Until 1998, Konikoff explained, “Jews died for lack of a match.” Then, in that year, the parents of an Israeli child who was dying from leukemia, put out the word that they were looking for a match for their child. Within a short time, 5,000 samples were taken from willing donors. Unfortunately, none were compatible and the child died, but the effort to develop a registry of potential donors took hold and regular donor drives began to be held, not only in Israel, but in other Jewish communities as well.
The key turning point though, came about in 2005, when the Israel Defence Forces agreed to provide DNA samples from among new recruits. As a result, approximately 60,000 names are added to the bone marrow registry maintained by Ezer Mizion each year.
As Konikoff described it, “we get DNA from all sorts of different groups. When Russian Jews started to arrive in large numbers to Israel, we were able to add a lot more to the genetic pool.”
Now, with almost one million names in its registry, Ezer Mizion has been able to bring together over 3,200 donors with patients desperate for stem cell transplants, including 55 Canadians.

Dr. Brent Schacter described his own personal involvement with Ezer Mizion, noting that one of his own patients received a stem cell transplant from an Israeli donor.
Schacter explained though that “young, healthy donors” are needed for stem cell transplants, since the stem cells from anyone over 45 are “somewhat decrepit”.
“Anyone under the age of 45 should be calling the Canadian Blood Service to be on the (Canadian) bone marrow registry,” Schacter added.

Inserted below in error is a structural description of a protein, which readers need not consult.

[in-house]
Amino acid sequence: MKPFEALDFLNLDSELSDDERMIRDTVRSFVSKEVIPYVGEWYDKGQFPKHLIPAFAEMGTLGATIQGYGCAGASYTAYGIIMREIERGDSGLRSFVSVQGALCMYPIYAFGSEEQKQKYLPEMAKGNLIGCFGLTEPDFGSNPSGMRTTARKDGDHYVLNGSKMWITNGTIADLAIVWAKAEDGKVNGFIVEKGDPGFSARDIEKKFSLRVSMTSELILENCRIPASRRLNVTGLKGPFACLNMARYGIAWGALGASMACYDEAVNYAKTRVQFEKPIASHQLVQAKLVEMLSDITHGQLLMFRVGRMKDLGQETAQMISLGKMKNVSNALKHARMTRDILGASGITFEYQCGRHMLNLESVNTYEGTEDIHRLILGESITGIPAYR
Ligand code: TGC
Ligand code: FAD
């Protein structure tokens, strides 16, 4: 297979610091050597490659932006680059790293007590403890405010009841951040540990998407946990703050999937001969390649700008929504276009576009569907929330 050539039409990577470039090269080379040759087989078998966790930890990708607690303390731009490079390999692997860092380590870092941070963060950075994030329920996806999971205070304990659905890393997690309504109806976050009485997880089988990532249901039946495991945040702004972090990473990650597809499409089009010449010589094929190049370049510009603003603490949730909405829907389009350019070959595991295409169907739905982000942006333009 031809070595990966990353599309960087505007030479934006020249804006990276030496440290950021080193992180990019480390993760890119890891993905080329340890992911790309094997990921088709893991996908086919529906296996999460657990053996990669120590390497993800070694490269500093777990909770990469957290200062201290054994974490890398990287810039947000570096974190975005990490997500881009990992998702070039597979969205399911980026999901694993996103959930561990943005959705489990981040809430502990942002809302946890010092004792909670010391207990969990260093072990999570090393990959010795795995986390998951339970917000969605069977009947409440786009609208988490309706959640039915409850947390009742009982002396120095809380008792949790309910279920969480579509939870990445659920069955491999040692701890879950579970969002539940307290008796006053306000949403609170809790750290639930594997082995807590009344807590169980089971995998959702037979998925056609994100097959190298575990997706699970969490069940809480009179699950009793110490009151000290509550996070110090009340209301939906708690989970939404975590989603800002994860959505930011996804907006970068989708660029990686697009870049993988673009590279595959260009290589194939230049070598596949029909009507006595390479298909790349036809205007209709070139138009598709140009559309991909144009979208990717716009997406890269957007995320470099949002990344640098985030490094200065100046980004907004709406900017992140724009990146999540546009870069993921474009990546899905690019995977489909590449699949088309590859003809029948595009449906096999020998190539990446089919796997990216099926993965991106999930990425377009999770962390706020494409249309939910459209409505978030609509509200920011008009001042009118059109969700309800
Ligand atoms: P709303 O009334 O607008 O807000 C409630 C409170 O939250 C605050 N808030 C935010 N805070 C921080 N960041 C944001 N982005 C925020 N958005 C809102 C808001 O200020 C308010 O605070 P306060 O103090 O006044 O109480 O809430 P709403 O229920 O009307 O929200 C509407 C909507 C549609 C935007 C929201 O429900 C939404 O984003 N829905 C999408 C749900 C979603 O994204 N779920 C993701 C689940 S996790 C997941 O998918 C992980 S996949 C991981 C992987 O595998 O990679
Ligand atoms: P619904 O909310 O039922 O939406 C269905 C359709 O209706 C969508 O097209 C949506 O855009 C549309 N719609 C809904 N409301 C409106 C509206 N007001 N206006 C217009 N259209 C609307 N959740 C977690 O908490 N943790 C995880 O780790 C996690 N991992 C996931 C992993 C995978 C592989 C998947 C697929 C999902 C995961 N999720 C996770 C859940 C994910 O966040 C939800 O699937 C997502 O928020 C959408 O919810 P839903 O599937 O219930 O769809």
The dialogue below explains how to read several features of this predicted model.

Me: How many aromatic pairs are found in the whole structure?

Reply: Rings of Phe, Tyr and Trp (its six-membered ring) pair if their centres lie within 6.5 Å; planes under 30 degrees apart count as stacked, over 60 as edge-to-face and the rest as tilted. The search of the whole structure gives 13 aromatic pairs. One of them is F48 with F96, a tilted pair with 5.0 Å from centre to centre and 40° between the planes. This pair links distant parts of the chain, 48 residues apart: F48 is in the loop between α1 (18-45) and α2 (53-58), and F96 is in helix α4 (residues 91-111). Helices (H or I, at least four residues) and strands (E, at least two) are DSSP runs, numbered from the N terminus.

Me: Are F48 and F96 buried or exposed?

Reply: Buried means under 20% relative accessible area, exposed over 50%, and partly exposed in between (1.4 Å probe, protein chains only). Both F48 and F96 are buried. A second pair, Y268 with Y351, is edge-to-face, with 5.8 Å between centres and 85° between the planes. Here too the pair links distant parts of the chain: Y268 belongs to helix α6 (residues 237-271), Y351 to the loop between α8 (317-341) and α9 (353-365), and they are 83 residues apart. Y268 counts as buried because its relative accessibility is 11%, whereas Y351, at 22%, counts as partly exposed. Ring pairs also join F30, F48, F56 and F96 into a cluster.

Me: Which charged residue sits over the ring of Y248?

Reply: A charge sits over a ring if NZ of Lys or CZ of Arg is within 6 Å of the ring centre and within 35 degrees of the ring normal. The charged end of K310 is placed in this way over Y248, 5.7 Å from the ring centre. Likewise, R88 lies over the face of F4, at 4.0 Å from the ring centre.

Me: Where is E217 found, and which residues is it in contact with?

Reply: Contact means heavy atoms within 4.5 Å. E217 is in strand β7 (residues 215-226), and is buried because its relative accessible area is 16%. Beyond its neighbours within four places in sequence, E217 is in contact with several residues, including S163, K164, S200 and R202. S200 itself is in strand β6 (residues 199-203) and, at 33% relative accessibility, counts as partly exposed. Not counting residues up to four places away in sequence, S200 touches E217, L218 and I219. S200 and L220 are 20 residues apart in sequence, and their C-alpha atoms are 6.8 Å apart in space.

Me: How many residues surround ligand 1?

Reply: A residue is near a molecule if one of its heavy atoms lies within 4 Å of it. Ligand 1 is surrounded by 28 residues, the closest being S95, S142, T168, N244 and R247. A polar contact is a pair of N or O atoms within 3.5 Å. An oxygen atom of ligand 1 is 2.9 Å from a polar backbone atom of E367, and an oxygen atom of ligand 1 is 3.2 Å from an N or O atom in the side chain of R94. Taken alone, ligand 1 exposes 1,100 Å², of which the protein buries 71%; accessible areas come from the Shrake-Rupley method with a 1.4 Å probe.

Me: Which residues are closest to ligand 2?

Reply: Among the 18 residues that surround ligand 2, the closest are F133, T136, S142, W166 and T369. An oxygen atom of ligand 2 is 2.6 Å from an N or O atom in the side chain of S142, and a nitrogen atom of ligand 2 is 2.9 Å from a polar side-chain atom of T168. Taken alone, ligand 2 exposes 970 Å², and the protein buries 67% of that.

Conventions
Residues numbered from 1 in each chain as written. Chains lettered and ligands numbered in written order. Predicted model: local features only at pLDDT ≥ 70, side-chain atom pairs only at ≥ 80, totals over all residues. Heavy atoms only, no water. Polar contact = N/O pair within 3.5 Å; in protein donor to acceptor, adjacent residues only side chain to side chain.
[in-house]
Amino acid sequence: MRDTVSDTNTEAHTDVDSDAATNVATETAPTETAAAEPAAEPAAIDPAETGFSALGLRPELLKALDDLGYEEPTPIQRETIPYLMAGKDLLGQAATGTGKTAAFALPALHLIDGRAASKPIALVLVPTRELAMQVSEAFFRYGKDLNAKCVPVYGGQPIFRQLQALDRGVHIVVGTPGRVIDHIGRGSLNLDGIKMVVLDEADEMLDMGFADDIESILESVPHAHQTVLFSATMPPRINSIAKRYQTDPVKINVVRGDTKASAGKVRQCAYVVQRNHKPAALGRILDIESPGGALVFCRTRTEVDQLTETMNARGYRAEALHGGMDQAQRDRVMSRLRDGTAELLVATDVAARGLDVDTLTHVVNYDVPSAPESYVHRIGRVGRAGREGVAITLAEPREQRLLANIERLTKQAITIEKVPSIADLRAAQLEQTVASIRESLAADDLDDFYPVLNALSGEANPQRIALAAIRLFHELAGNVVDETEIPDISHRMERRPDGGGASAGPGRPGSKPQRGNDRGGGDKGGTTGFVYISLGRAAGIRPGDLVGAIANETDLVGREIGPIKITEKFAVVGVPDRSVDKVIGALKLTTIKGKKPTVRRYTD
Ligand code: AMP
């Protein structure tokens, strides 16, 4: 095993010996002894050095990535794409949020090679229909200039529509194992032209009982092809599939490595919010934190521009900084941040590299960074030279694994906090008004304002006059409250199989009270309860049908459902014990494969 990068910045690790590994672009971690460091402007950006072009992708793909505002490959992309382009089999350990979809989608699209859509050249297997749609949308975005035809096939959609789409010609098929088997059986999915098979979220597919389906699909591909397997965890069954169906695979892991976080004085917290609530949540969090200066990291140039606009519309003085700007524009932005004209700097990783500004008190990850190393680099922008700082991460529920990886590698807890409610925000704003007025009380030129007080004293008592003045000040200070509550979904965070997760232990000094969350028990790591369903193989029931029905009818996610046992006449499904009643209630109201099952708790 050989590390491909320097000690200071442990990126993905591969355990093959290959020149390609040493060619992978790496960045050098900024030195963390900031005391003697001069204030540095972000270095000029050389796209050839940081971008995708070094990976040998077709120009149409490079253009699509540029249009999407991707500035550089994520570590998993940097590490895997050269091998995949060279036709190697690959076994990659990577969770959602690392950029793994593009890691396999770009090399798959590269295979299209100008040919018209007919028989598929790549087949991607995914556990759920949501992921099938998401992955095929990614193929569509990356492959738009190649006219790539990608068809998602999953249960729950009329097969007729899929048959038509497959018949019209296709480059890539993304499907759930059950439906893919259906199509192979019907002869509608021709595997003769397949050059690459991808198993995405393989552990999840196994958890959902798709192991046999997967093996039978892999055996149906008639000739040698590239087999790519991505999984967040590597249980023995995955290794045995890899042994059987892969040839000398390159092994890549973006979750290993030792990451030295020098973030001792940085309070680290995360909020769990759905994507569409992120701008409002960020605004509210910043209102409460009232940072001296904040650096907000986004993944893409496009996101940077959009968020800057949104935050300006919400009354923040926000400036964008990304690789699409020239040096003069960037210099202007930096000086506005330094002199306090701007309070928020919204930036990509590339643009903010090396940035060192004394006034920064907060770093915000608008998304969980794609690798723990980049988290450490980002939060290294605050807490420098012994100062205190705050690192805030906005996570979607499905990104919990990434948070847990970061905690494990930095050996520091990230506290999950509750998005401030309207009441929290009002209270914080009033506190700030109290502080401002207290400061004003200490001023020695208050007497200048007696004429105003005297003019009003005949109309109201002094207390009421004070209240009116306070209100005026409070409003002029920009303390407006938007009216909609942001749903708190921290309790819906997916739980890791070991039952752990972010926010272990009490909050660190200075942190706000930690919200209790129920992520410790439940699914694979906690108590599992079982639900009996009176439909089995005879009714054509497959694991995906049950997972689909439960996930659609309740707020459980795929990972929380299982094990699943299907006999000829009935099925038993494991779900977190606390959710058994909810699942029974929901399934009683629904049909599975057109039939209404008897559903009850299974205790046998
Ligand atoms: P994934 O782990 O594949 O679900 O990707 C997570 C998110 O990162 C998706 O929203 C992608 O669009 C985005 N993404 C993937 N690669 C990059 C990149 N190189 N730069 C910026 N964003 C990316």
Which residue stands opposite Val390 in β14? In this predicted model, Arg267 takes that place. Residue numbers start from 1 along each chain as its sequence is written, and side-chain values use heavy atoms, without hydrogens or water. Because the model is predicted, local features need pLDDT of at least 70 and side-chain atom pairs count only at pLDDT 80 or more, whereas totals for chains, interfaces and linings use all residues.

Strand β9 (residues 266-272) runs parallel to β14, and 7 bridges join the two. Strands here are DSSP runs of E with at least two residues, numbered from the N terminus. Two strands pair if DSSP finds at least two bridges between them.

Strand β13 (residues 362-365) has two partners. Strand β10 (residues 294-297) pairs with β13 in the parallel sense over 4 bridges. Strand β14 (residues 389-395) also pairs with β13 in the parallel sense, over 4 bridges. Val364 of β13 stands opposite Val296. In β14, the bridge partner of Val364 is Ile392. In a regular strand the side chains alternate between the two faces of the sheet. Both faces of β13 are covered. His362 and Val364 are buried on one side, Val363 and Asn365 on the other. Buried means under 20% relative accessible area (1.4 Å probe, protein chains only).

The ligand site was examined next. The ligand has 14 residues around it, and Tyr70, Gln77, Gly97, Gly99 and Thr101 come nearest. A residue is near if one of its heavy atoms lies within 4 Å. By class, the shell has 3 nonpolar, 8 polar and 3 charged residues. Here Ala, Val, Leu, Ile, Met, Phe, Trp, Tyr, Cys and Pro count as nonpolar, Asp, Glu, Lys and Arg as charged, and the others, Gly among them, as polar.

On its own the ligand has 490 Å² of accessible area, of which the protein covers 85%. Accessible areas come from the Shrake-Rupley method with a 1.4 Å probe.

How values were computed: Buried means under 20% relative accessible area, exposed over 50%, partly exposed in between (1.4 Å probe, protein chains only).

“It’s an easy swab” (taken from inside one’s cheek) and, if you should be called upon to donate stem cells, “you spend a day in a chair donating”.


Libby Goszer: stem cell injections from a donor who was on the Ezer Mizion registry saved her life.

Libby Goszer told her own heart-rending story of how close she came to dying when she herself developed acute leukemia in 2006.
“One moment I was a confident professional, wife and mother; the next moment I was in an isolation room…After treatment, I was given a 60 percent chance my leukemia would return – and it did. I needed a perfect stem cell donor match.”
In November 2008, fortunately, that perfect match was found in Ezer Mizion’s registry. Transplant recipients aren’t able to find out the names of their donors until a year after having received their transplant but, waiting on the surgical bed that day in November, Goszer said she was overjoyed when she “saw a woman come in carrying a bag of stem cells. It never occurred to me though that bag had been transferred all the way from Israel.”
In 2012 Libby “learned about the donor’s identity” and in 2013 she and her family flew to Israel to meet her donor, whose name was Moshe, along with his immediate family.
“They (Moshe and his family) were as excited to meet me as I was to meet him,’ Goszer said. “From the darkness of a life-threatening illness has emerged a set of relationships between Moshe, his family, and my family.”
In closing, Goszer urged members of the audience to think of this “night as a night of solidarity where we as Jews will be reminded that we will do what we can to take care of one another.”

Finally, Solly Dreman took to the podium to explain his own personal involvement with Ezer Mizion. He says that it began by chance on a golf course in Israel, when he happened to hear about all the good work Ezer Mizion does. Dreman decided to take up the cause of boosting the organization – and he put his money where his mouth is by personally donating $180,000.
But Dreman’s connection to Winnipeg has remained strong even though he has been living in Israel since 1964. He noted that “in the Six-Day War Winnipeggers donated more per capita than any other city in North America.”
“We decided this is a cause that can’t be postponed,” Dreman continued. “We were told that no one was going to come, no one was going to support us – that we were the new kid on the block… We expected a crowd of 80; 162 are here.”
Orly Dreman followed her husband, noting that, as a result of the donation to Ezer Mizion made by Solly and her, “we were delighted to hear the news that in April a transplant was performed from someone who was part of the pool we helped start.”
To find out more about Ezer Mizion, visit or call Dan Rand at 647-799-1475.